A forensic dentist and dogged crime solver who habitually saves old dental records in his basement has helped Mercer County law enforcement officials identify a decomposed skull and in the process clear a major hurdle in a 16-year-old mystery.
The skull is that of Gina Marie Gallo, 22, who disappeared from a Bordentown motel in 1981. Its identification has elevated what had been a missing-person case into an active ''suspicious death investigation,'' Sgt. 1st Class Daniel Cosgrove, a spokesman for the New Jersey State Police, said today. The skull, in three pieces, was found by hunters atop a trash heap in Hamilton Square Township on Friday.
The identification was made by Dr. Haskell Askins, a forensic dentist in nearby Brick Township in Ocean County, who had consulted with investigators on the original missing-person report on Ms. Gallo. At that time, he said, he had obtained her dental records and saved them.
When investigators brought him the skull early Wednesday morning, Dr. Askins said, he X-rayed it and retrieved the old dental records from his basement.
''I was able to tell them by noon that the two matched and that it was Gina Gallo,'' he said.
Sergeant Cosgrove said the authorities planned a more careful search of the area where the skull was found in the hope of finding other bones. Kathryn Flicker, a deputy assistant prosecutor in Mercer County, refused to say whether the skull had given investigators any clues to the cause or time of death, but she cautioned that it was an old case and probably would not be solved soon.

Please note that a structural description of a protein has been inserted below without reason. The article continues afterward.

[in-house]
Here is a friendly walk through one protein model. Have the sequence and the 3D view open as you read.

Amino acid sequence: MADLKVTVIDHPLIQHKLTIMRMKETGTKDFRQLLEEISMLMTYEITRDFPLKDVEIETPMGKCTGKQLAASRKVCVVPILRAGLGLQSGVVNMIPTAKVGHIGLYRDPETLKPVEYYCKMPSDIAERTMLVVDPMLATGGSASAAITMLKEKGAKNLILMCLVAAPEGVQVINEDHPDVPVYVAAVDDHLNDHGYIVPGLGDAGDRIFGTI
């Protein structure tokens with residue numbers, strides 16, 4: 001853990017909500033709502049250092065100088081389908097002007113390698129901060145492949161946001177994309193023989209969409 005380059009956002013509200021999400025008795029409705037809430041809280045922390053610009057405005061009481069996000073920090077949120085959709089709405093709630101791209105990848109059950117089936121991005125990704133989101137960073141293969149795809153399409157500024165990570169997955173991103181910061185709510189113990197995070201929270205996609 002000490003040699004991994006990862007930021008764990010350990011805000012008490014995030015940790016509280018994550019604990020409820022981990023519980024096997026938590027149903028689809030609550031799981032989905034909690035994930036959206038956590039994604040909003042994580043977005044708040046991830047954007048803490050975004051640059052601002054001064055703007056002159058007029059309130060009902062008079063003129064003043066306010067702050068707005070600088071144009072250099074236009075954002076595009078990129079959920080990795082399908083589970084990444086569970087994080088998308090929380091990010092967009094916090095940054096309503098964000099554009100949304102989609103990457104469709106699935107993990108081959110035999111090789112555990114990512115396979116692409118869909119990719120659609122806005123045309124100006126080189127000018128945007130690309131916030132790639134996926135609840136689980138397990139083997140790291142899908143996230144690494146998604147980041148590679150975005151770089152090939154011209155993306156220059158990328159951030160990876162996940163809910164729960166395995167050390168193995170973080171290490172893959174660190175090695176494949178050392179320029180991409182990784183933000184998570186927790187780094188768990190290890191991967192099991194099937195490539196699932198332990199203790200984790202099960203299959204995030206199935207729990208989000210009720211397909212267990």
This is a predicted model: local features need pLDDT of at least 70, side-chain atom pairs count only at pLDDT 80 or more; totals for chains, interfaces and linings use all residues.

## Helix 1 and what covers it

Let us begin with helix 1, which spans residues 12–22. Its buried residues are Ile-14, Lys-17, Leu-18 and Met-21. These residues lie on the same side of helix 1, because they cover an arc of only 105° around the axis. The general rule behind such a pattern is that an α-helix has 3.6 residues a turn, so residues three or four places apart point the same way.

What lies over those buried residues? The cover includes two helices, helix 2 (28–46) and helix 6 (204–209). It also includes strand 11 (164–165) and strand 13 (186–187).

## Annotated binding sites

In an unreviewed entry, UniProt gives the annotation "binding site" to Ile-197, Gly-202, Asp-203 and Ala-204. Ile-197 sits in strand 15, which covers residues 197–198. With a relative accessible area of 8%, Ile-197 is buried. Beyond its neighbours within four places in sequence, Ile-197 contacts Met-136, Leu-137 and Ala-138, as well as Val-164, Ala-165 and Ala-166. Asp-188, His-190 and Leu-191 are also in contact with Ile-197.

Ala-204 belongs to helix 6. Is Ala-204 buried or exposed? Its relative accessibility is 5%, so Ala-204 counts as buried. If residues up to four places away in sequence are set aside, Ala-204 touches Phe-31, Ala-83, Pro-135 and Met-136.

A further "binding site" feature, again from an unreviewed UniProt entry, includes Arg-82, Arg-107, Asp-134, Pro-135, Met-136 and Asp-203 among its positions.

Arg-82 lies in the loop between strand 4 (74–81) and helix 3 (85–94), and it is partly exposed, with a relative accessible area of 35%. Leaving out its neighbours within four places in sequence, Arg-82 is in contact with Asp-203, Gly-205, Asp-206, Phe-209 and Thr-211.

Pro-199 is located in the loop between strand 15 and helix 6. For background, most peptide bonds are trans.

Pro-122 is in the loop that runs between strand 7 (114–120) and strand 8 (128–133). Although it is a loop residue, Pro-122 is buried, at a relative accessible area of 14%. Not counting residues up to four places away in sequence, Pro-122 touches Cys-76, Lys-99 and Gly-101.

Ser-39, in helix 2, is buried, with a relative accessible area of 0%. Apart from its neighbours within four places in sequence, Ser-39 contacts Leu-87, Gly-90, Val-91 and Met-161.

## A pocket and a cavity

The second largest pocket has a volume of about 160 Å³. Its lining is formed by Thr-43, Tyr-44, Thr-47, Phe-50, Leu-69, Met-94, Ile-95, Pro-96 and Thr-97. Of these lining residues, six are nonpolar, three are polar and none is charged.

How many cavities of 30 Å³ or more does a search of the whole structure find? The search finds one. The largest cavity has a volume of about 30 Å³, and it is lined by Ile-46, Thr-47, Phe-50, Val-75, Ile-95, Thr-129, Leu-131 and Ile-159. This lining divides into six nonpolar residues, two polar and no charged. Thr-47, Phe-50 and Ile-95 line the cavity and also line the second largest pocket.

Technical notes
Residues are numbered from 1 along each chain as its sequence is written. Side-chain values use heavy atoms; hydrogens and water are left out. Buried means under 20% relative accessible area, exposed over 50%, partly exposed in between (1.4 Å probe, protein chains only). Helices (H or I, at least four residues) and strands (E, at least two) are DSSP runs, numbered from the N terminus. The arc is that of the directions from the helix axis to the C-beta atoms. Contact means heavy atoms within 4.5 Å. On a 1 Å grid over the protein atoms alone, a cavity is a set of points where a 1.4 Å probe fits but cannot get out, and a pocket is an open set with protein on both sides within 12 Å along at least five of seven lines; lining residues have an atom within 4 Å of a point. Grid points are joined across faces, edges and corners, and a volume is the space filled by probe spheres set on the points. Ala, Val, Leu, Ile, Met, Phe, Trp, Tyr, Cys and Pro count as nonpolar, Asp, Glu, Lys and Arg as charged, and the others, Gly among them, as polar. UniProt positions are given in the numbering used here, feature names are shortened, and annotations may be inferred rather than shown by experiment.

The fact that Dr. Askins had such old records handy was more necessity than serendipity, he said. The Gallo case dated back to the time before dental records of missing persons were routinely entered into the National Criminal Identification Computer database. So Dr. Askins had a habit of keeping records himself. In the investigation of Ms. Gallo's disappearance, he said, he used the records at least a dozen times, to compare with unidentified bodies found in the early 1980's.
Dr. Askins is a consultant to the Philadelphia Medical Examiner and a member of the Vidocq Society, a private organization of law enforcement specialists that is named after a 19th-century French detective. Members work on long-unsolved disappearances and murders.
When the sun-whitened skull was found in Hamilton Square last week, investigators initially thought it was that of a man and that it had been lying there much longer than 16 years. But Donna Fontana, a forensic anthropologist with the state police missing persons unit, analyzed the facial characteristics and found that they belonged to a white woman. She also determined that the skull had been decomposing for more than a year, but less than 20 years.
With that information, Dr. Askins, said, investigators immediately thought of the Gallo case and contacted him.